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 Post subject: What constitutes a "game gun"?
PostPosted: Thu Apr 26, 2007 9:14 am 
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What makes a shotgun a "game gun"? Does it have to be SxS? Splinter forend? Straight grip? Light? I see the term everywhere and have a good idea of what it means, but don't know the specifics.




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 Post subject: re: What constitutes a "game gun"?
PostPosted: Thu Apr 26, 2007 9:48 am 
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I would say a game gun is a gun specifically designed to be carried in the field to shoot at game rather than designed for the clay games. Most of the time they are lighter, which makes them alot easier to carry them in the field all day, but increases recoil, which really doesn't matter because you don't shoot 100 shells through them in an hour like you do a clays gun.

I think the term "game gun" is used loosly to describe a gun that is more suited for carrying afield for hours at a time than a heavier trap or skeet gun that you shoot with, and then set in a rack in between your turn.

Any gun can do any job, but some can do clays better, others are more suited for the field, as they were designed. I would say that the term "game gun" doesn't refer to a type of action, be it pump, o/u, sxs, or auto, or even single.

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 Post subject: re: What constitutes a "game gun"?
PostPosted: Thu Apr 26, 2007 9:50 am 
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"Game gun" is a new one on me..... I've heard the term "field gun" since Moses was a little kid, but this is the first time I've heard "game gun". Have I been living under a rock?


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 Post subject: Re: re: What constitutes a "game gun"?
PostPosted: Thu Apr 26, 2007 9:53 am 
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wwb wrote:
"Game gun" is a new one on me..... I've heard the term "field gun" since Moses was a little kid, but this is the first time I've heard "game gun". Have I been living under a rock?


I think it's an English thing. Purdy, Holland & Holland, and some Continental makers market game guns.


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 Post subject: re: What constitutes a "game gun"?
PostPosted: Thu Apr 26, 2007 10:48 am 
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A "game gun" is (usually) less than 7 lbs and meant to shoot lighter loads than a "pigeon gun" or a "fowler" (meaning a waterfowler)....it is meant to be carried a lot and shot a little.


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 Post subject: re: What constitutes a "game gun"?
PostPosted: Thu Apr 26, 2007 10:50 am 
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Quote:
I think it's an English thing. Purdy, Holland & Holland, and some Continental makers market game guns.


That is correct. It's an English thing. A game gun will typically be a SxS with a straight grip, splinter fore-end, double triggers and be of very light weight. They are designed exclusively for upland wing shooting.
In North America we use the term "field gun" in a broader sense, usually refering to any gun made for hunting whether it's for waterfowl, upland birds, rabbits etc..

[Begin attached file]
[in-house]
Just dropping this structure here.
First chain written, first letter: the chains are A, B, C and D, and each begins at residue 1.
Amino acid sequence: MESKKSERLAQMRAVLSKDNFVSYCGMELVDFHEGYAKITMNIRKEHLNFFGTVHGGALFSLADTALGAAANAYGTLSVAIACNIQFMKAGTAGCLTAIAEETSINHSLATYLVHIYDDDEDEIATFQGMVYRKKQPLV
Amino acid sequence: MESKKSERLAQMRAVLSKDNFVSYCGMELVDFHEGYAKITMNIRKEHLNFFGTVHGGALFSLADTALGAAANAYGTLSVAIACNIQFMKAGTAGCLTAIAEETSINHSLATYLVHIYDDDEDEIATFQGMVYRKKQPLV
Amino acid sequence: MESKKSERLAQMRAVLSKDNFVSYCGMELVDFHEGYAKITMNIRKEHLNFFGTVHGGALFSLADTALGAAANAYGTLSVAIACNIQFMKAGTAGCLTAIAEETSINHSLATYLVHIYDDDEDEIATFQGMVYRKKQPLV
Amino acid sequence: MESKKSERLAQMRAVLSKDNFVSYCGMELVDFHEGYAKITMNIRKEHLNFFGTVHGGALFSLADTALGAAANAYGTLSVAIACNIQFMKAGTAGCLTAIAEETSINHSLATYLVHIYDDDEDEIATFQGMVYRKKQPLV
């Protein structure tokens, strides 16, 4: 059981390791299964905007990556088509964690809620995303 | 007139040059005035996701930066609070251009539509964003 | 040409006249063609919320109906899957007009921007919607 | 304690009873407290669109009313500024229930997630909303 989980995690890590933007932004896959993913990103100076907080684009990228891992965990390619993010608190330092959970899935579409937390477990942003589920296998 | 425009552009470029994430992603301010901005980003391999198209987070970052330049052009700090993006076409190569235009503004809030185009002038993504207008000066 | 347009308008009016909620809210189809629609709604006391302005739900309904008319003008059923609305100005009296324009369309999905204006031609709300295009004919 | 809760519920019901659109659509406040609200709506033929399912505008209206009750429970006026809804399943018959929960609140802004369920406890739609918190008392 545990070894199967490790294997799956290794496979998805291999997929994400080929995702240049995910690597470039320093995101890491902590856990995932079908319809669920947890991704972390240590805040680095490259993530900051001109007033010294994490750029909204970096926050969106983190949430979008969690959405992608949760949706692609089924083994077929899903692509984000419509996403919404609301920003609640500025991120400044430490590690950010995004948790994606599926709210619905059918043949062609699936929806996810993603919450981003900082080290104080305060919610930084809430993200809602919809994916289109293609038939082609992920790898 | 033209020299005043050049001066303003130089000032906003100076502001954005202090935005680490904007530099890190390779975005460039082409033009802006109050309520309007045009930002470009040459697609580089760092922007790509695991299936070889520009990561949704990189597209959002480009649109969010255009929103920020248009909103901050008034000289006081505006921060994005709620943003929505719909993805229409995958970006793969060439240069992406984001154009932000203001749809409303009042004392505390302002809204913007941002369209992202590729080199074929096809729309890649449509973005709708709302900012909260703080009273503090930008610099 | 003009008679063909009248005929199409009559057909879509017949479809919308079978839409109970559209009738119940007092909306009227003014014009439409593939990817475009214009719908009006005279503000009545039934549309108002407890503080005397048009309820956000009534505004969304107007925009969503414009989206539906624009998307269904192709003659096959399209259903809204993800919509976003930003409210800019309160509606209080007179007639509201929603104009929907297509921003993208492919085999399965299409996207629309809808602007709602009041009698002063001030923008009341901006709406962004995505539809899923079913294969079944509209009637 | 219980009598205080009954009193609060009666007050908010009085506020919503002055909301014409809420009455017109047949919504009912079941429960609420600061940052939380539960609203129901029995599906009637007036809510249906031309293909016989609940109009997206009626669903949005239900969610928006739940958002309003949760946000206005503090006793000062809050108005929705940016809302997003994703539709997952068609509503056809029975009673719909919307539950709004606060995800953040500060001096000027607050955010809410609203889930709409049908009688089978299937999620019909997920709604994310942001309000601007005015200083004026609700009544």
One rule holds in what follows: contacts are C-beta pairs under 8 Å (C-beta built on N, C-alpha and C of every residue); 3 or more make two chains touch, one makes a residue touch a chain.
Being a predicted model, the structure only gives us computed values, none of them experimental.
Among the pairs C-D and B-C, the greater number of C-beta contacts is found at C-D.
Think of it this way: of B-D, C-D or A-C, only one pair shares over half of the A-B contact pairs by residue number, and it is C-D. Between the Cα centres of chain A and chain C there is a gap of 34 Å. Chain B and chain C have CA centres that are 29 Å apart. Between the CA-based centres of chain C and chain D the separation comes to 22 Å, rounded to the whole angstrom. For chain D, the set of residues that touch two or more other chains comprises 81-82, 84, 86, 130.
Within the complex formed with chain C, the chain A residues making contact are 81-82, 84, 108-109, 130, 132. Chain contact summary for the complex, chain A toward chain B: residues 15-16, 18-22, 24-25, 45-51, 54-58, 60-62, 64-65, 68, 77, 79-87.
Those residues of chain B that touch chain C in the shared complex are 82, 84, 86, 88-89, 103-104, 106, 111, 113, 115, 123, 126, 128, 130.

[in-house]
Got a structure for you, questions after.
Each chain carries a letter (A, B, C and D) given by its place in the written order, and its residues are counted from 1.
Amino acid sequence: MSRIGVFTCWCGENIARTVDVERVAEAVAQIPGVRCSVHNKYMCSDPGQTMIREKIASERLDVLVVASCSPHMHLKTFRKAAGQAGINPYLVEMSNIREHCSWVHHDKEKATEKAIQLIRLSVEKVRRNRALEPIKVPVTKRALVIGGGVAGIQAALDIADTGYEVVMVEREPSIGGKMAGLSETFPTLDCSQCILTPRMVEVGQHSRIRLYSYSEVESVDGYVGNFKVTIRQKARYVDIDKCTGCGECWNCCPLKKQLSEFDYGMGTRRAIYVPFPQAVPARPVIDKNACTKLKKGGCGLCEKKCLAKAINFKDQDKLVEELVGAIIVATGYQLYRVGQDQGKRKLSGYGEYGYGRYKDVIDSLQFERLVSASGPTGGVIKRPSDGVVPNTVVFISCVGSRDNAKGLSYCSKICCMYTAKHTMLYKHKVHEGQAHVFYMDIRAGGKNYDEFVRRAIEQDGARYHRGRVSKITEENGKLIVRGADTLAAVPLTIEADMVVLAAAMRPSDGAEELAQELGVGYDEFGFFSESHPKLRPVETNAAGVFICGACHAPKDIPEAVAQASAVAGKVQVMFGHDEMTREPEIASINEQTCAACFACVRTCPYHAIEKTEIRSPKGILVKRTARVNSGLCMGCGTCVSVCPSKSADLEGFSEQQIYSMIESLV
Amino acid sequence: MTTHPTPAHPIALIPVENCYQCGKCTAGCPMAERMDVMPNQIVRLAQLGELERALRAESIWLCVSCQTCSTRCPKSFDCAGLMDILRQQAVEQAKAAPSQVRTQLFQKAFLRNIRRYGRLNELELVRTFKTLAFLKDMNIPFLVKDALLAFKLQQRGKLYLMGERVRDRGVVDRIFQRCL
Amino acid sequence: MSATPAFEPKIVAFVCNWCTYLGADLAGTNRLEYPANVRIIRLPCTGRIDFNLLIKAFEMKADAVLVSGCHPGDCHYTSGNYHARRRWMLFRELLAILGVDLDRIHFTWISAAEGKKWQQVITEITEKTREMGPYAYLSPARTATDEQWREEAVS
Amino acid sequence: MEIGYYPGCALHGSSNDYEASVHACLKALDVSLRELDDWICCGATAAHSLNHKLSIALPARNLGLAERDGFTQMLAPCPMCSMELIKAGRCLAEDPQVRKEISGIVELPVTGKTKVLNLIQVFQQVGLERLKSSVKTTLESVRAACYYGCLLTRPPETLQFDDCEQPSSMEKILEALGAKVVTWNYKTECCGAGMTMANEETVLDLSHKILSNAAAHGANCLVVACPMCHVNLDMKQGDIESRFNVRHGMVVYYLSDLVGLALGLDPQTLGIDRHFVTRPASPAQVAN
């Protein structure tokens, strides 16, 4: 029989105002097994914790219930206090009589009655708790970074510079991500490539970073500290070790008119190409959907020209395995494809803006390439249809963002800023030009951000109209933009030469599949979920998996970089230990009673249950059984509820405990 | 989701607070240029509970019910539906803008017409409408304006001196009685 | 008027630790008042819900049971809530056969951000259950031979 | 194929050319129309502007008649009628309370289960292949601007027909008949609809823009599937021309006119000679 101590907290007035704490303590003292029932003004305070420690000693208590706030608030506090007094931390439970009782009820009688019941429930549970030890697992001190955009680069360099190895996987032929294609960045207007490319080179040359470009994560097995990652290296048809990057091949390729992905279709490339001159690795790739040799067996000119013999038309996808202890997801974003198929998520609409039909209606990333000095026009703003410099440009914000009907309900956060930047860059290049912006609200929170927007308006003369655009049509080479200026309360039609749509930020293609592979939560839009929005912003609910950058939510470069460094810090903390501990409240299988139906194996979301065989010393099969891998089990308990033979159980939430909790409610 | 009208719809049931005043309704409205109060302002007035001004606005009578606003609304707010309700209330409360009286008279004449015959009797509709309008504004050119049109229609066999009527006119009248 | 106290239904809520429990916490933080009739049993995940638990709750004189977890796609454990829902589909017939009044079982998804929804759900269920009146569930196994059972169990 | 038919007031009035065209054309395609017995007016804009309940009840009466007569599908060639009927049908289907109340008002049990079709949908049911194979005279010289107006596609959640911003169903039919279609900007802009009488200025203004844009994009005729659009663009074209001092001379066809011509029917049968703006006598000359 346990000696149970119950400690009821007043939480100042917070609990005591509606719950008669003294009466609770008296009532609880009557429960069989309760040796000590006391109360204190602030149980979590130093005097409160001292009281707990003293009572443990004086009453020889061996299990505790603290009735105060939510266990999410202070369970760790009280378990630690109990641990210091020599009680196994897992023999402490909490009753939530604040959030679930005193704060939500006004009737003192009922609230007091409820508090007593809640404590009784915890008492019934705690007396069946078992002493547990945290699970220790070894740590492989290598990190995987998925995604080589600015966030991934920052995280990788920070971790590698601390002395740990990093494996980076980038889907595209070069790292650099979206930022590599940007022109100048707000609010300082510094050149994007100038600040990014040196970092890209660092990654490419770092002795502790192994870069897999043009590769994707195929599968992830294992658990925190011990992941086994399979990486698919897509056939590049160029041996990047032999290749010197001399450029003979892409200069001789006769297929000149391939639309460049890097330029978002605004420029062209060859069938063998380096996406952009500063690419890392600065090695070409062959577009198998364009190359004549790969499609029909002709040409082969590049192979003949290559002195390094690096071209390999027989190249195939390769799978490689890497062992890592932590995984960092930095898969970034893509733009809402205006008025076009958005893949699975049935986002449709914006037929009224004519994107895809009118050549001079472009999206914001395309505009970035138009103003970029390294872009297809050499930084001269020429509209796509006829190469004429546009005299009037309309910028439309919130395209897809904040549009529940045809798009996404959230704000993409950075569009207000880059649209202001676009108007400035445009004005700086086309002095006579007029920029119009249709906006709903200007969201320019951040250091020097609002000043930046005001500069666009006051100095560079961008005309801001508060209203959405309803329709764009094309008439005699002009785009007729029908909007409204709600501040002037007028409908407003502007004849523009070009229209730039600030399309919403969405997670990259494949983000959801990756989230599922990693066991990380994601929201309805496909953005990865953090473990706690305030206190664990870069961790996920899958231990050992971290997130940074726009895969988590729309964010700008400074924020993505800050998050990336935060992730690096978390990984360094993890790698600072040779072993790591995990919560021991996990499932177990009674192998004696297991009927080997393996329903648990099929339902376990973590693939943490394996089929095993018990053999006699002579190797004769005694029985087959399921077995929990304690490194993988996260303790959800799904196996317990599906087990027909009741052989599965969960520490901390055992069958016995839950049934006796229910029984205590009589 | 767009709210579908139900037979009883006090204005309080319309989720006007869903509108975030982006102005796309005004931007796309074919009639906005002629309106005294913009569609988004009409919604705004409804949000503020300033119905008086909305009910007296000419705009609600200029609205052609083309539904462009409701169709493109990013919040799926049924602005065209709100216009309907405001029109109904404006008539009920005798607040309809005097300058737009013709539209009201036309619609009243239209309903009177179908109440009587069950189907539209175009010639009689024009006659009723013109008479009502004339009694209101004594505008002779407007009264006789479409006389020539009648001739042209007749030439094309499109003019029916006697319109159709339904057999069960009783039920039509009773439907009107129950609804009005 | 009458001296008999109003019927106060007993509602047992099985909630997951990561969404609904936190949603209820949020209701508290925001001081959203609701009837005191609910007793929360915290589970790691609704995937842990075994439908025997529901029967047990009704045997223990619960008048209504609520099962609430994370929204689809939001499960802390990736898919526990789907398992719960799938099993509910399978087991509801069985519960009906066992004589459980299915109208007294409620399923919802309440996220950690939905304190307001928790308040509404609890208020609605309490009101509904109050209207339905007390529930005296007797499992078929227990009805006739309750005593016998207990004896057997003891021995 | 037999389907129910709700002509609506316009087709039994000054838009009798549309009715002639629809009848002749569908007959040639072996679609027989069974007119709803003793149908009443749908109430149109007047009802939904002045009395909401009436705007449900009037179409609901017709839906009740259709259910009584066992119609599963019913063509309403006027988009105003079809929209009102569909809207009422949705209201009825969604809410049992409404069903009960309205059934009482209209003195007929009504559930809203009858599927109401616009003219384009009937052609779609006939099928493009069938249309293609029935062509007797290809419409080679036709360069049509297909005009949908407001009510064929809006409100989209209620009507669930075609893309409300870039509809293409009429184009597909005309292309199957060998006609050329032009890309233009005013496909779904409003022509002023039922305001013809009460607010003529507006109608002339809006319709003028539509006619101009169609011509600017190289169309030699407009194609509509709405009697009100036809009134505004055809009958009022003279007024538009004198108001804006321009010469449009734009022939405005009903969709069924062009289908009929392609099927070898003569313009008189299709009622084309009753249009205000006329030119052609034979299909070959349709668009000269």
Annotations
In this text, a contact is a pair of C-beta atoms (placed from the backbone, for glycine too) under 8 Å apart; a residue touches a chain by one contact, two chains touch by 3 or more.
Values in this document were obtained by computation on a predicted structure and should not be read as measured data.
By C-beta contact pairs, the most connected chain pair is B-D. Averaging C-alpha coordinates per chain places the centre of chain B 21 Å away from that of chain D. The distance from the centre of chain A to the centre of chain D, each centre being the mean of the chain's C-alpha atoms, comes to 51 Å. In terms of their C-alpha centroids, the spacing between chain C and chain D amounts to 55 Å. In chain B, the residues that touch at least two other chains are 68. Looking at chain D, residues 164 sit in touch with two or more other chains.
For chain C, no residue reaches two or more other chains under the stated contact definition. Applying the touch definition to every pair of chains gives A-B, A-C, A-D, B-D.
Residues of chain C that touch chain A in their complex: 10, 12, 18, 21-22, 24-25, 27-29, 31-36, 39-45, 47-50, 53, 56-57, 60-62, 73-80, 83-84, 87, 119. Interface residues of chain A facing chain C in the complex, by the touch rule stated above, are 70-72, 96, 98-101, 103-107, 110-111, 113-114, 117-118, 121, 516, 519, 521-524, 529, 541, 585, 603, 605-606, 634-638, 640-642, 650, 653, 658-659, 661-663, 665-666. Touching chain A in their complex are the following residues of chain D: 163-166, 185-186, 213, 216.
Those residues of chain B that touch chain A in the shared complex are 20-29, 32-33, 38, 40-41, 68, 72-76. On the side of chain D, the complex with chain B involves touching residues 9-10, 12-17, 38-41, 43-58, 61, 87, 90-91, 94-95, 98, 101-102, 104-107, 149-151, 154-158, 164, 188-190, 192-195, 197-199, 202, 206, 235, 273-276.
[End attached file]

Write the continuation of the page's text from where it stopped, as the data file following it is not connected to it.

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 Post subject: Re: re: What constitutes a "game gun"?
PostPosted: Thu Apr 26, 2007 11:14 am 
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Eric Cioe wrote:
.....I think it's an English thing. Purdy, Holland & Holland, and some Continental makers market game guns.


Gee, that's funny - the last half-dozen guns I ordered from Purdey, I told 'em I wanted a "field gun" and they never corrected my English......

Yeah, right.....


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 Post subject: re: What constitutes a "game gun"?
PostPosted: Thu Apr 26, 2007 11:33 am 
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Since this seems to have deteriorated, just thought a little education was in order.

A game gun is an English thing, precisely. It is designed to be shot in the classic "Churchill" style (if I remember right) at driven birds in a shoot at an estate. He was the one that invented the term.

And yes, they are usually expensive, lightweight, 2 triggers, straight stocked SXS guns designed (by his thoughts around the turn of the century) for that type of shooting.

BobK

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 Post subject: Re: re: What constitutes a "game gun"?
PostPosted: Thu Apr 26, 2007 12:50 pm 
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Joined: Wed Apr 25, 2007 4:55 pm
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Location: University of Chicago & Muskegon, MI
wwb wrote:
Eric Cioe wrote:
.....I think it's an English thing. Purdy, Holland & Holland, and some Continental makers market game guns.


Gee, that's funny - the last half-dozen guns I ordered from Purdey, I told 'em I wanted a "field gun" and they never corrected my English......

Yeah, right.....


I meant the term was more known among English people (i.e. British) rather than Americans. Given that these firms are international in their sales, I wouldn't be at all surprised if they were used to many different regional definitions. I was asking what an English game gun was. I now understand it to be a subset of the American field gun, with characteristics as described above. I'm not sure what prompted the hostility. :oops:


Last edited by Eric Cioe on Thu Apr 26, 2007 3:04 pm, edited 1 time in total.

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 Post subject: re: What constitutes a "game gun"?
PostPosted: Thu Apr 26, 2007 1:26 pm 
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Easy, Eric...

I didn't see any hostility, just a snicker elicited from the thought that any of us could wander into Purdey or H&H and ask to see the field guns, only to be told in the snootiest way imaginable that they only make "GAME" guns. In fact, I still think it's pretty funny.


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 Post subject: re: What constitutes a "game gun"?
PostPosted: Thu Apr 26, 2007 1:34 pm 
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Brit "game gun".....2 1/2 in chamber; double underbolt lock up;straight grip; shot tight and open at driven birds and open and tight at walk-up("rough") birds; under 7 lbs; 2 triggers; choked to customer specs

"pigeon gun"....2 3/4 in chamber; over 7 lbs; a 3d fastener; choked 1/2 and Full; maybe one trigger( set to shoot left/right)